Fintechie. Inventor. Entrepreneur. Digital veteran. International Speaker. Priya Thakoor has earned her ‘techie’ stripes as a female outlier in the digital space. She recently joined The Coca-Cola Company in Johannesburg as the business unit’s Digital Transformation Director.

Having successfully built e-commerce businesses across Africa and the United States and profitably sold technology start-ups, Priya Thakoor is one of a small percentage of global women who have successfully straddled the entrepreneurial game and made it in the corporate world.

As though developing strategies in boardrooms with CEOs and delivering integrated digital functions for sales, service and operations wasn’t enough, Priya has spent time giving back through fundraising for tech entrepreneurs and assisting NGOs with digital financial solutions for the underbanked.

“Success is not a destination you arrive at when you’ve accomplished a set number of goals, but a journey of constant learning,” says Priya. “In the tech space, the learning never stops because tech and the digital world change so much and so quickly you must always be learning, whether it’s soft or tech skills, you always need to invest in your skills.”

Priya started shattering glass ceilings of limitation as a young girl who loved to fix toasters, irons, fans and change plugs with her grandfather in Lenasia, southwest of Johannesburg. She has kept some of their tools as a souvenir of her favourite childhood memory.

“I went to school in the early 1990s and I grew up in a sheltered community in Lenasia, but I was always very anti-gender stereotyping. I loved subjects like maths, science and engineering, and took computer science in high school,” she explains.

Priya’s father, an entrepreneur and businessman, bought his daughter a computer while she was still in primary school. Needless to say, she was instantly hooked and even learned basic coding.

Despite Priya’s natural affinity for all things technical, there were challenging circumstances that threatened her pursuit of a career in the Science, Technology, Engineering and Maths (STEM) field at several junctures. In 1998, political unrest in South Africa meant that Priya’s school in Lenasia didn’t have any science teachers. She orchestrated to move schools to stay on track for a career in either engineering or chartered accounting, but still had to study three years of science in three months when applying to study at an American university post-matric.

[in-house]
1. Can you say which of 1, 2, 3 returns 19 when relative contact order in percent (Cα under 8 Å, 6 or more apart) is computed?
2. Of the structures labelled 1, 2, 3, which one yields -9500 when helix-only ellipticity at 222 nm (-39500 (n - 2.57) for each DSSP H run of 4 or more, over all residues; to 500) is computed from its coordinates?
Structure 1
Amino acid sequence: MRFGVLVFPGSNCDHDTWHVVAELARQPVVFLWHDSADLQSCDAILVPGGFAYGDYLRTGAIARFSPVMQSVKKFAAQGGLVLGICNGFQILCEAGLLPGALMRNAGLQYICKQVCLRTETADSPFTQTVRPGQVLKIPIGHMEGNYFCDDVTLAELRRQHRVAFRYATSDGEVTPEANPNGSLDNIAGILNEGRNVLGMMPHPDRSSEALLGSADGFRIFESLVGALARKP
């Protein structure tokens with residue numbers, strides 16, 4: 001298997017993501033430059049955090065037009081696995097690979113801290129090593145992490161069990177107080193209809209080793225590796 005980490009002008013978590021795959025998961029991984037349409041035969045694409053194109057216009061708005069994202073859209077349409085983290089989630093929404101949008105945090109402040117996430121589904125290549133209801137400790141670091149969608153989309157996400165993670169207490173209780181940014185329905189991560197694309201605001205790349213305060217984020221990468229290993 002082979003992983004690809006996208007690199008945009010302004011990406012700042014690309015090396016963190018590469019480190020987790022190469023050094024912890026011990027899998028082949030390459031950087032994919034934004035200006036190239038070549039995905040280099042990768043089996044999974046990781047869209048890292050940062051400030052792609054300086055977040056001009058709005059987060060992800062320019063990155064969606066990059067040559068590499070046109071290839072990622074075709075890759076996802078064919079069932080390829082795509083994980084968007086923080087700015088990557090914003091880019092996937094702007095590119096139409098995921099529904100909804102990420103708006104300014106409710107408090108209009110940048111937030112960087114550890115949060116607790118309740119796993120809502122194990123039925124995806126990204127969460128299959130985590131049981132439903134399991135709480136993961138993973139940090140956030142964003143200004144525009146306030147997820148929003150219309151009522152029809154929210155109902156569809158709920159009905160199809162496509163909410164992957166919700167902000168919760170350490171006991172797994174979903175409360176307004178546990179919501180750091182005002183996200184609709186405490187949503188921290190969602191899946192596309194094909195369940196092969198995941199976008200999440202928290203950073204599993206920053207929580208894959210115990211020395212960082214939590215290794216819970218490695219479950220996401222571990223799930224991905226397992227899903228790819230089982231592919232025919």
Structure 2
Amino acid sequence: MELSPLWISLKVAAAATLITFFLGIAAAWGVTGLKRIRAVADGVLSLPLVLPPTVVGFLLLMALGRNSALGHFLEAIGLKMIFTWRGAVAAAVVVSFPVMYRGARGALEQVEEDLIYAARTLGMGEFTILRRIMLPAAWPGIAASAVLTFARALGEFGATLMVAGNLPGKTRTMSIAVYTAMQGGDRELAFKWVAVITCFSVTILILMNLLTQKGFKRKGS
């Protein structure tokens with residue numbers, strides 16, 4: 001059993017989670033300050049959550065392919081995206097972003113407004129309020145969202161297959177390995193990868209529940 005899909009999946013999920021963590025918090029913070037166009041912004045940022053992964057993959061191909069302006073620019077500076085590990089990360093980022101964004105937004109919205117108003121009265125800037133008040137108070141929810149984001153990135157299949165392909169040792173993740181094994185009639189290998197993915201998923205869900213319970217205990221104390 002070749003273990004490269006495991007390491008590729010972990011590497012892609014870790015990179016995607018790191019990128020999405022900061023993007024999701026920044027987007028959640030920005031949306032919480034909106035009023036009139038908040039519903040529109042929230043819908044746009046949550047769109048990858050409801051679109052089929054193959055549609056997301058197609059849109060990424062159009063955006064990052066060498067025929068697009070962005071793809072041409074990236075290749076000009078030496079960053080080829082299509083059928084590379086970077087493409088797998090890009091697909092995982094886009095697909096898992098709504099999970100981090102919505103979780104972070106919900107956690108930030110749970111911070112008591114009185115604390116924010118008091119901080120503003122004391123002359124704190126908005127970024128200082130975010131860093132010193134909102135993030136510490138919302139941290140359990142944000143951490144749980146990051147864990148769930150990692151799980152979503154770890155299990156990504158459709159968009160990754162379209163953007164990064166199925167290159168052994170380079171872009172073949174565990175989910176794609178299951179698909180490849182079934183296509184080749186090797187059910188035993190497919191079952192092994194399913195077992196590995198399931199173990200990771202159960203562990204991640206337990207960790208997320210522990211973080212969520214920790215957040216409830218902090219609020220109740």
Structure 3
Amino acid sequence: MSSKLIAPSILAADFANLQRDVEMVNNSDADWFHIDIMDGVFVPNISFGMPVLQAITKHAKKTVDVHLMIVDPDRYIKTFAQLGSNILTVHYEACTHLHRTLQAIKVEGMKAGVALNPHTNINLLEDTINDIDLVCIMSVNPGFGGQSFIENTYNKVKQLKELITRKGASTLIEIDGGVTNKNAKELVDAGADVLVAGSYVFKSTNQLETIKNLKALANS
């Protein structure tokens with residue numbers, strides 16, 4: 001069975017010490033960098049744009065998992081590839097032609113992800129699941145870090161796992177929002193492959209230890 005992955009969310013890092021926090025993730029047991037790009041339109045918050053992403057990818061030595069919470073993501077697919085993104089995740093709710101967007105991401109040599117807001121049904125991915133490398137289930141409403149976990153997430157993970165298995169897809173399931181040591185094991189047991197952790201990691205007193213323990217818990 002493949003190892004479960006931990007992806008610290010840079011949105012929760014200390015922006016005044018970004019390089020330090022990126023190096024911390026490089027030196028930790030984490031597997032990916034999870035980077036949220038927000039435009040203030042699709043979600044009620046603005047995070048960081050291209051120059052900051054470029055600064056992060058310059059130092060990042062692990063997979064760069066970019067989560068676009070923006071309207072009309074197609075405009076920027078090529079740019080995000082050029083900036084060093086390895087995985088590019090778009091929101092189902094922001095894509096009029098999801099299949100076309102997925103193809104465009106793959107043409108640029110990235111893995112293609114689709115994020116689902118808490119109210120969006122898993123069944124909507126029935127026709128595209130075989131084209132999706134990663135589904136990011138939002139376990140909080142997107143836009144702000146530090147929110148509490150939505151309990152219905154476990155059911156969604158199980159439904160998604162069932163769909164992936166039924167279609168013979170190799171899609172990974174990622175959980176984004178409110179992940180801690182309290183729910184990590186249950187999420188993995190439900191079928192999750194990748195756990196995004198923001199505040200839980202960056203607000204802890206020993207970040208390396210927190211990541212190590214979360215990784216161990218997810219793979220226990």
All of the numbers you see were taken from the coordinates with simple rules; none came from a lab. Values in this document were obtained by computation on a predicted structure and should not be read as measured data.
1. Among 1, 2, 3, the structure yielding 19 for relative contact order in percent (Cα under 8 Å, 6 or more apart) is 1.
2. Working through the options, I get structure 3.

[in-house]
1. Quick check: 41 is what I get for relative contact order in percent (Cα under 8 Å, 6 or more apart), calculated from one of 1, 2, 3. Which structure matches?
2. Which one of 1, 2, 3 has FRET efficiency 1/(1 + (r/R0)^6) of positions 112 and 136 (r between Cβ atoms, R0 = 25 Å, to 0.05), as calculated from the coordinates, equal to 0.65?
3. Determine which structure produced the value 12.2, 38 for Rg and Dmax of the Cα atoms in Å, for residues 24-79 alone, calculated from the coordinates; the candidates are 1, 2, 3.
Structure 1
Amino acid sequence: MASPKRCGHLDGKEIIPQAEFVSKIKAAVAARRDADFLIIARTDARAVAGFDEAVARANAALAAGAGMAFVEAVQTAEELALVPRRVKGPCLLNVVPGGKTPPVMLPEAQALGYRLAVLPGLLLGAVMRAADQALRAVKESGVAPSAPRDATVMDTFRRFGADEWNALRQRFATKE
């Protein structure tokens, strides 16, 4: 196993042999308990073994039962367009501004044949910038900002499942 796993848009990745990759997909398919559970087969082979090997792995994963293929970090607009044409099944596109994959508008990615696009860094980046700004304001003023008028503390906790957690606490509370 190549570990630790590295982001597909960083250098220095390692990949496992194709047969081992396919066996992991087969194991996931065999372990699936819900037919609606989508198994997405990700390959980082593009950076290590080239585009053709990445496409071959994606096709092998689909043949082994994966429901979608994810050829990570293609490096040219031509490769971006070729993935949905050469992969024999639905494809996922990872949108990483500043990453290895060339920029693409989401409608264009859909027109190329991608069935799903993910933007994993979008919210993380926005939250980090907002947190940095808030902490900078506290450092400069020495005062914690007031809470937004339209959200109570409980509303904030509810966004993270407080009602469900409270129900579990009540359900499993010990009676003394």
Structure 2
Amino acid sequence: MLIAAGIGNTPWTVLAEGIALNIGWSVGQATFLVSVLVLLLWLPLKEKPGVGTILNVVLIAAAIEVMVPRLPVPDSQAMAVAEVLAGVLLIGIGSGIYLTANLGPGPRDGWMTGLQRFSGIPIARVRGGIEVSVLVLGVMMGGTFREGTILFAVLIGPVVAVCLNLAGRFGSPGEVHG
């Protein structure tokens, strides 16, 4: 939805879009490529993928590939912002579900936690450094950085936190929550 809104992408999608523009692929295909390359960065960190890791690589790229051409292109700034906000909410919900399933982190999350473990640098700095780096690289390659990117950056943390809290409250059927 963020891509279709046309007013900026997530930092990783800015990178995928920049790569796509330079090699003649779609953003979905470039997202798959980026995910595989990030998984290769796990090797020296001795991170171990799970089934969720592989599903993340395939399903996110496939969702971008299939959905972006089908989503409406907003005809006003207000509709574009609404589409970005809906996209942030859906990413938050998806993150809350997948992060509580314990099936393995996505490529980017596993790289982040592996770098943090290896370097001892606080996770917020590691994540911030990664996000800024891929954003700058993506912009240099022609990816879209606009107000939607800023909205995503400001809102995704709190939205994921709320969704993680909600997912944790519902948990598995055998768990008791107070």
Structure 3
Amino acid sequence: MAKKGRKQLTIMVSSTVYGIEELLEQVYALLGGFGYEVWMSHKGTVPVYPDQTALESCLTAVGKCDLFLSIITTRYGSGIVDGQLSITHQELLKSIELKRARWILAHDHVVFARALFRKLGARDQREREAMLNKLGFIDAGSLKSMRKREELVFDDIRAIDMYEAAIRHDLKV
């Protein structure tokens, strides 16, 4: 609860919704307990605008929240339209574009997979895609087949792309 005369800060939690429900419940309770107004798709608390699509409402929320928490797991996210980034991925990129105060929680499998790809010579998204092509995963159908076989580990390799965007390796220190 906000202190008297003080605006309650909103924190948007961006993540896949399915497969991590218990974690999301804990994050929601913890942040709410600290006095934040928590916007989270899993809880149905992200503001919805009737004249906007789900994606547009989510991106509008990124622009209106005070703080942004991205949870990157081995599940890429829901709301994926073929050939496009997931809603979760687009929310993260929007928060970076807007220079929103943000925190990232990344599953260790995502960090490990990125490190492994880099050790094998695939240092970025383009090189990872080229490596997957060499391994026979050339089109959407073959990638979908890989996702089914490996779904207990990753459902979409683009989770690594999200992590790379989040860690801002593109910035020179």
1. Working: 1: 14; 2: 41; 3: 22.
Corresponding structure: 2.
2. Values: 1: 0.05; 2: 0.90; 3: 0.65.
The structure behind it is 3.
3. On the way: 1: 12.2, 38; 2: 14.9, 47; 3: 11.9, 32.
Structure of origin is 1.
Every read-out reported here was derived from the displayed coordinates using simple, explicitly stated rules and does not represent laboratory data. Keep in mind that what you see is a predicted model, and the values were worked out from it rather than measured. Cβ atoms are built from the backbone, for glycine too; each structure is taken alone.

Socially aware of both her environment’s limitations and what was required to be a tech entrepreneur, Priya found crevices of possibility that she broke wide open. After successfully applying to study in America, she received a 50% bursary. She set off, hungry for exposure to the big wide world and a determination to make it, sometimes working three jobs to finance her international university education.

By the time Priya graduated from her four-year engineering degree at Mercer University in Georgia, Atlanta, she had been part of setting up three start-ups. “It was a big learning curve and lots and lots of fun,” she reminisces.

As a mom of two busy boys aged 6 and 4, Priya has ensured that she has a strong network to support her family when she’s not around so that she can focus at a job that demands long hours and high levels of concentration. She loves playing lego with her boys and can’t wait until the day she can do computer programming with them.

“I’m not that perfect mom that bakes and is always around, but I don’t feel guilty. I believe what I do sets the tone and example for my children, because they can see that women are not one dimensional. There is a balance, but I don’t believe in sacrificing my career because we don’t have enough women CEOs and entrepreneurs at the top. The more of us are up there, the more we can bring others along.”

Despite Priya’s ambitions, she has always been fair and principled, making a point of uplifting those around her, especially other women.

“I also say, ‘Don’t forget the women that need support, mentoring and guidance’. Women can’t be battling other women in the workplace. That really gets to me because we’ve got to help each other and yes, we can have constructive and productive debates, but don’t sabotage each other.”

“As a woman, you know that you are never a one man show – your team, your peers, your leadership style – these are the most important parts of your career as you progress through your work journey,” Priya concludes.